Last Wednesday morning, high on chocolate-raspberry coffee and too many sugary macaroons, I made my way to the first fall session of Tinderbox — 8 weekly workshops facilitated by Kimberly Brock. Of course I’d entered the wrong address into my GPS and ended up a few miles away, but, as per my usual M.O., I didn't panic or freak the hell out. I quickly entered the correct address and reached Broadwell Cottage on time. When I walked into the sun-dappled meeting room, a sense of serenity and acceptance washed over me. I was home, and these were my people.
My journey to Broadwell Cottage for the spring session wasn’t so bright and breezy. You see, driving scares the bejesus out of me. My overactive brain thinks I’ll lose control of my car, which will cause it to flip, and I’ll die from the resulting injuries. Morbid, I know.
Four years ago, after my family and I moved from Ireland to Atlanta, I got my first ever driver’s license at the age of 37. Over the following months, I gained some confidence on the roads, but not nearly enough to drive outside of a two-mile radius. For three years, there was no reason why I needed to venture outside of my safety circle. I was a stay-at-home mom who wrote when time allowed. I had my family, my friends, a Kroger, a Super Target, and three Starbucks nearby. All of my needs were met, weren’t they?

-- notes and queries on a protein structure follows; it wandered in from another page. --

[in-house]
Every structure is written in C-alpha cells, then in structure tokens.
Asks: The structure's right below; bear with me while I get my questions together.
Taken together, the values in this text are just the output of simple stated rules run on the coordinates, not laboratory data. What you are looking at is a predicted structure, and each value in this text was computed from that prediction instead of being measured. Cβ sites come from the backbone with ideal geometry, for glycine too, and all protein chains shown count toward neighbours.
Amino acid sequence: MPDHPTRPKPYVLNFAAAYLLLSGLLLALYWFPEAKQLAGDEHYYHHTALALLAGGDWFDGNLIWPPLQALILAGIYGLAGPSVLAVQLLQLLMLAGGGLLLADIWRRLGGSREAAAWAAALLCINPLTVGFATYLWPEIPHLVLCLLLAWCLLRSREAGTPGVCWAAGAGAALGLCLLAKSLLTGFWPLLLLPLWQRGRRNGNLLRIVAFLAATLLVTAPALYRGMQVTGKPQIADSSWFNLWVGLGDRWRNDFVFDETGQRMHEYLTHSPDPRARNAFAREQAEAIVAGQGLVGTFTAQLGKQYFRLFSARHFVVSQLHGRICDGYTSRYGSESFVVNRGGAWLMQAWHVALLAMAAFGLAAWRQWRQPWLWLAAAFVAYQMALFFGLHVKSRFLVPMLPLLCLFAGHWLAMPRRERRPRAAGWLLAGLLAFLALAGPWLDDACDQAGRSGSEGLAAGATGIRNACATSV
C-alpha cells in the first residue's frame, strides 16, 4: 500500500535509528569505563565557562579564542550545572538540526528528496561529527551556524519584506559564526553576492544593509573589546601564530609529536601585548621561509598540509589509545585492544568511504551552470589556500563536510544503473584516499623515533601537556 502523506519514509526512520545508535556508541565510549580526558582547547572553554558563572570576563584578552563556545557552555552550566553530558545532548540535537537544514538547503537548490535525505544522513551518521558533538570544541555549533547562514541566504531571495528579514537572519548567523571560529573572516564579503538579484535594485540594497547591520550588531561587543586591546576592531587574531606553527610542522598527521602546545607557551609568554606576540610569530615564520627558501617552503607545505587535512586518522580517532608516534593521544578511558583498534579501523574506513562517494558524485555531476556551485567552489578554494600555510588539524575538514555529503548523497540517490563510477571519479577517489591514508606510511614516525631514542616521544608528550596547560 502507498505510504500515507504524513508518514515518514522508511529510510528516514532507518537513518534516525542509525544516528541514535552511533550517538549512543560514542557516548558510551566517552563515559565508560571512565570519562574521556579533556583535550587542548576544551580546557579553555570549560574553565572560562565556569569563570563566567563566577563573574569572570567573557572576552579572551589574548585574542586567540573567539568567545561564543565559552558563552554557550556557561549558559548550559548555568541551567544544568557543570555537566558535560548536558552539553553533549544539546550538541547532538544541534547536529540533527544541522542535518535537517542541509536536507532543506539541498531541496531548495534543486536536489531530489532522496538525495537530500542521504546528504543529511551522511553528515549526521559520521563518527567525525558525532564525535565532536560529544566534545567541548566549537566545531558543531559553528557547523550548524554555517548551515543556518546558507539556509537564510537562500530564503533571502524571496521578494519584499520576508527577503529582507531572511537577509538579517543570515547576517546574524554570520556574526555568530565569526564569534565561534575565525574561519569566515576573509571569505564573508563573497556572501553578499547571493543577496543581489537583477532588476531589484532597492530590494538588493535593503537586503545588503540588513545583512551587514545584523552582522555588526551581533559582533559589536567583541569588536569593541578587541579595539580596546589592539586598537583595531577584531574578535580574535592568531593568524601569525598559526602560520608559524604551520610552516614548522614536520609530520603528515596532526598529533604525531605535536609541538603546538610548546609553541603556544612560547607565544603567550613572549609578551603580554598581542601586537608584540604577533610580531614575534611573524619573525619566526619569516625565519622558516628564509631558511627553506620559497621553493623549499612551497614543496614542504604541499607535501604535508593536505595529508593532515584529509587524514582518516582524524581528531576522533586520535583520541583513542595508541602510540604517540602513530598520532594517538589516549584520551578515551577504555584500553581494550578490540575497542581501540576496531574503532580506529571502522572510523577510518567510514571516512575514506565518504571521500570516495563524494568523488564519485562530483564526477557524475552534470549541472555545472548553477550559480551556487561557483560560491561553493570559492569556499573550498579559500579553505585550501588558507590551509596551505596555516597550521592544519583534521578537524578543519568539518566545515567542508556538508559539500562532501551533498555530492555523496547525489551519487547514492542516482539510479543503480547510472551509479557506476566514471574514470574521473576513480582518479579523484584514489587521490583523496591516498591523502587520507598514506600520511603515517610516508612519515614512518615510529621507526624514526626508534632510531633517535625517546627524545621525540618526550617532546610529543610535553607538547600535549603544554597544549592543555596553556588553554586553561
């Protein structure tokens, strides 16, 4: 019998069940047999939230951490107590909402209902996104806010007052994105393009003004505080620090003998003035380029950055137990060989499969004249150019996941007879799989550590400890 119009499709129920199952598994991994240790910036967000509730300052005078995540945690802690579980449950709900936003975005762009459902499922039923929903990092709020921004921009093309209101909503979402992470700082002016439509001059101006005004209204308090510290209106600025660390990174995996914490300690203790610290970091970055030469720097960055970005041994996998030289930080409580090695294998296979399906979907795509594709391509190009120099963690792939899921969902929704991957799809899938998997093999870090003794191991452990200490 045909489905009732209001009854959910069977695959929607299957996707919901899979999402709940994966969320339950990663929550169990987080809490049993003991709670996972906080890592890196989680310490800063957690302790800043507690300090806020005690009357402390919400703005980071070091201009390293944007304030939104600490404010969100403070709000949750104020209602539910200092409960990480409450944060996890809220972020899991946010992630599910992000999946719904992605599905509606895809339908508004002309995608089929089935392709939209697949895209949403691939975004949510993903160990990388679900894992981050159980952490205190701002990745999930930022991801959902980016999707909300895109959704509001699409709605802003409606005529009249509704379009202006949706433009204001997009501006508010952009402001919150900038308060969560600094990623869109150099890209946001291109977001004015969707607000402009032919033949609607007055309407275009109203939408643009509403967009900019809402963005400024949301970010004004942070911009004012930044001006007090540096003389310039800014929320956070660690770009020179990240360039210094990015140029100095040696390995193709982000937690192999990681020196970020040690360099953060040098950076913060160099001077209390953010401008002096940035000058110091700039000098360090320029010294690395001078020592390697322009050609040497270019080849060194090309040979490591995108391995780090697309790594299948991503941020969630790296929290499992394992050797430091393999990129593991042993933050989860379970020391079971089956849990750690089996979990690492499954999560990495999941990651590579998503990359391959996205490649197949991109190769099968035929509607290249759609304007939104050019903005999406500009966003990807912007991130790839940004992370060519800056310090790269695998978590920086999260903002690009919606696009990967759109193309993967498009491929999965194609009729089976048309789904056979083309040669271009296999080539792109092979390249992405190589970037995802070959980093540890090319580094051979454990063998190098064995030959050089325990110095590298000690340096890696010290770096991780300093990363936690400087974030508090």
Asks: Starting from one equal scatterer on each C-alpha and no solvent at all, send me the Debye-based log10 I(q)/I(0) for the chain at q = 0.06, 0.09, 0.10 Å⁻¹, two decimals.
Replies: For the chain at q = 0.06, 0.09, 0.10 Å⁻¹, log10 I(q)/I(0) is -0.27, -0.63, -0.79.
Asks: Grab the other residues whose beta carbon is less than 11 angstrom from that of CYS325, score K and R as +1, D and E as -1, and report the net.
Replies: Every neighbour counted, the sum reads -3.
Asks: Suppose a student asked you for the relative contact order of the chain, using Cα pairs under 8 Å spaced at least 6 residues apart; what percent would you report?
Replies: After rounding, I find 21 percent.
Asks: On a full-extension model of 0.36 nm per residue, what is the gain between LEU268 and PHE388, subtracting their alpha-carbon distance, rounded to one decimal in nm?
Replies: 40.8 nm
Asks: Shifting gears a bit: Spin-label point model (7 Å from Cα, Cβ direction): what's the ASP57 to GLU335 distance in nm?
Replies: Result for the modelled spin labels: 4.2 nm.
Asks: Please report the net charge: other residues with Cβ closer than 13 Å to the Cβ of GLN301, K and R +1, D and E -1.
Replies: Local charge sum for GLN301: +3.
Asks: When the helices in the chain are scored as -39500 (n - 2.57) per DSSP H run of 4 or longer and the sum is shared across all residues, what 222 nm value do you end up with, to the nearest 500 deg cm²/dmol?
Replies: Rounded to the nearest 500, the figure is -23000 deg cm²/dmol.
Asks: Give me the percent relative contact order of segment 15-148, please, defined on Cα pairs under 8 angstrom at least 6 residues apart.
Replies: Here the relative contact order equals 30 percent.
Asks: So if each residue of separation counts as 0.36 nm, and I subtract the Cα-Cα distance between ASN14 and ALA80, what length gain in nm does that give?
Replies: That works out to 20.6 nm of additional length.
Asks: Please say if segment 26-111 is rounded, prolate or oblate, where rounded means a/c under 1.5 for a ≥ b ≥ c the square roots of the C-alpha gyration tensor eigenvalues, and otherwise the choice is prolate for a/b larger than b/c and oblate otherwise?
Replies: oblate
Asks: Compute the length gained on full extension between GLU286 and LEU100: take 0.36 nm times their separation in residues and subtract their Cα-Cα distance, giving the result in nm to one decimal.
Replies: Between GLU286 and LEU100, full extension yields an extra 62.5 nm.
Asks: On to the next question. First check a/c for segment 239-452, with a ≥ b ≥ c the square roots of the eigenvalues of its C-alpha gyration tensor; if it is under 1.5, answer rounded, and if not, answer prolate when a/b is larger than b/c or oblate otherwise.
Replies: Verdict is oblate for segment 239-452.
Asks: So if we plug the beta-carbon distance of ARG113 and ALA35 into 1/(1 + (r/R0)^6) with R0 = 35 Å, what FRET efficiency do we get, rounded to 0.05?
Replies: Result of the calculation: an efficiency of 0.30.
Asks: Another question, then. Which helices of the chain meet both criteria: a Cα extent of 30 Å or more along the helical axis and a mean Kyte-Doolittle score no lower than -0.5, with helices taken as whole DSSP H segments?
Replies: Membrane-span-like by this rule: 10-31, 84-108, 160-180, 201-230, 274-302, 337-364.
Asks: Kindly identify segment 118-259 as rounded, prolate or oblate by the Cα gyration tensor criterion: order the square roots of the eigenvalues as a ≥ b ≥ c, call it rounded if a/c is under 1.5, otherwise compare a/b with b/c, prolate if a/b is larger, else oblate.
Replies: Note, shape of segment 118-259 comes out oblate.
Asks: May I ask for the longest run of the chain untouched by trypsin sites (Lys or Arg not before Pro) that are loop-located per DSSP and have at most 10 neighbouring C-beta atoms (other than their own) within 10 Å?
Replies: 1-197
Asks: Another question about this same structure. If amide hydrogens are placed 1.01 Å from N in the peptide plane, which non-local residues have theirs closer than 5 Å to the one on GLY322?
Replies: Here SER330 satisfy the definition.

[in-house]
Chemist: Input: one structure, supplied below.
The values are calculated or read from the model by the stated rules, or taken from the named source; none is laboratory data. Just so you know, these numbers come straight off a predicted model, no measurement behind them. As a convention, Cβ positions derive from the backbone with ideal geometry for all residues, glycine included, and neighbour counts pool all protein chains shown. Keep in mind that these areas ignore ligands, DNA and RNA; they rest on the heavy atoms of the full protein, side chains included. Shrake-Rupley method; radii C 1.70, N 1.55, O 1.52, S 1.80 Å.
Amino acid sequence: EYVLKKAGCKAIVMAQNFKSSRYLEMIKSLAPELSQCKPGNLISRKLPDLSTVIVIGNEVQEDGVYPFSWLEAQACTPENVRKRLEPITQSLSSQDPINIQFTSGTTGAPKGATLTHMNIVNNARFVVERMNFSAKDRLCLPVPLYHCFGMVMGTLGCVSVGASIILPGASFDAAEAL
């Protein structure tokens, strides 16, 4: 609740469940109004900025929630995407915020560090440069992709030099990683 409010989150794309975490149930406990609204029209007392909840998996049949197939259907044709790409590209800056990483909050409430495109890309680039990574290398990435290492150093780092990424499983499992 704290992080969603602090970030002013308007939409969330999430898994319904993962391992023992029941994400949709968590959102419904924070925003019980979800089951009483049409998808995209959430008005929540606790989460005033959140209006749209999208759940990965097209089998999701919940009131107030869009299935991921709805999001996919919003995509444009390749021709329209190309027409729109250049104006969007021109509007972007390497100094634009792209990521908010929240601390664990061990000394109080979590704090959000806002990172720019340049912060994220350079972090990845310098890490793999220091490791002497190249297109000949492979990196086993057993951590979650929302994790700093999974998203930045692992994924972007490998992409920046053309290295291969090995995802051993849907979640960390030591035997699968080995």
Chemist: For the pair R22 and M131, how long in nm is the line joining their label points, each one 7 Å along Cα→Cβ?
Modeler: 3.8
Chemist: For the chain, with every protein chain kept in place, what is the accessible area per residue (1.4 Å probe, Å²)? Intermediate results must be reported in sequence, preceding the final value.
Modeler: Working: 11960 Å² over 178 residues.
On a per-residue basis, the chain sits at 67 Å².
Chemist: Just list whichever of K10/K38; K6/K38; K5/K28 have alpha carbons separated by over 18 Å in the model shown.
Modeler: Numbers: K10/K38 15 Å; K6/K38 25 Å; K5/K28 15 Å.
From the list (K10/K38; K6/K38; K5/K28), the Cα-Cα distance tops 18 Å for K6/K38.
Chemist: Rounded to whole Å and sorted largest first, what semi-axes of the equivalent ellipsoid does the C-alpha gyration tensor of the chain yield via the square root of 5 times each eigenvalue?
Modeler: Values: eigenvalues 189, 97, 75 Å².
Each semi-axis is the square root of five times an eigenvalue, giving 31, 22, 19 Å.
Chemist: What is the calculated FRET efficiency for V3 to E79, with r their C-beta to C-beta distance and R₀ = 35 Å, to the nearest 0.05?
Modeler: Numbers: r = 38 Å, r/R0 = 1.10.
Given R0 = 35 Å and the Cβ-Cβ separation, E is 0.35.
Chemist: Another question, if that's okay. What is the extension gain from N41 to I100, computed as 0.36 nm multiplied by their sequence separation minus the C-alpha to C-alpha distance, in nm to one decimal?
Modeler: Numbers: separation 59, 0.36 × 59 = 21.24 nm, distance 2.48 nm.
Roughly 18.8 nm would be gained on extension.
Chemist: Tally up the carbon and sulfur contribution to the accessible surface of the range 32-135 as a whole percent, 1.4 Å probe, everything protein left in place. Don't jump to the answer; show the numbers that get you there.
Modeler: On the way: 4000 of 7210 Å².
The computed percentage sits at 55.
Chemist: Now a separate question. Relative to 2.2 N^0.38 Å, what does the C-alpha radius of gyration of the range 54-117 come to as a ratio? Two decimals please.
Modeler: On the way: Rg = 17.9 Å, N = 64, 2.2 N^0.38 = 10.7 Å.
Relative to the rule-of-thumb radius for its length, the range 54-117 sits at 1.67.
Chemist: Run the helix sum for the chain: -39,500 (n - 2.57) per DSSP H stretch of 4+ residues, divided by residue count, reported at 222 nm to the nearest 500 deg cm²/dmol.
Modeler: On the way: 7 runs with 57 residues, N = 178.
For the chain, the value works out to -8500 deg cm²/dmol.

Nope. In May 2014, I took the route into self-publishing. A thrilling ride if ever there was one. By Christmas, I was burnt out. Self-doubt wrapped its spindly hands around my creative cup and filled it with loathing. Idiot. You think you’re a writer? Loser. You had to self-publish because no one else wanted you. Phony. You’re so ashamed of your writing; you hide behind a pen name.
Was I really all of those things? My writing friends, who, at the time, were mostly online, would say no. But my increasing uncertainty urged me to find real-life people who also fought in the self-doubt trenches. People who would understand what it’s like to have a brain wired to create and who might know how to conquer crippling fear. But here’s the thing, I run from new people and unknown environments like Wile E. Coyote’s snapping at my tail with metal teeth.
Curious about writing workshops and groups in my zip code, I asked my all-knowing friend Google to find some. A few clicks later, I found Kimberly’s blog. Her post What We Wish For touched me deeply. Here was a lady who spoke my language. The Tinderbox workshops sounded like the safe, creative space I needed. Hallelujah, right? Not so fast. A map search showed me the workshops would take place twenty minutes away from my house. It might as well have been in New York. No way no how could I drive there. I’d need an oxygen tank just to drive past Kroger—a whole 1.7 miles away.
But every few days, I’d browse through the Tinderbox website and then do a virtual drive of the route. I even had my husband drive us there so I could see how busy the roads were. But no matter how easy it seemed, I just couldn’t do it. After a particularly frustrating day where writing words was akin to wrestling adult alligators, I got a rush of the “screw its” and booked the workshop. No matter what it took, I was going.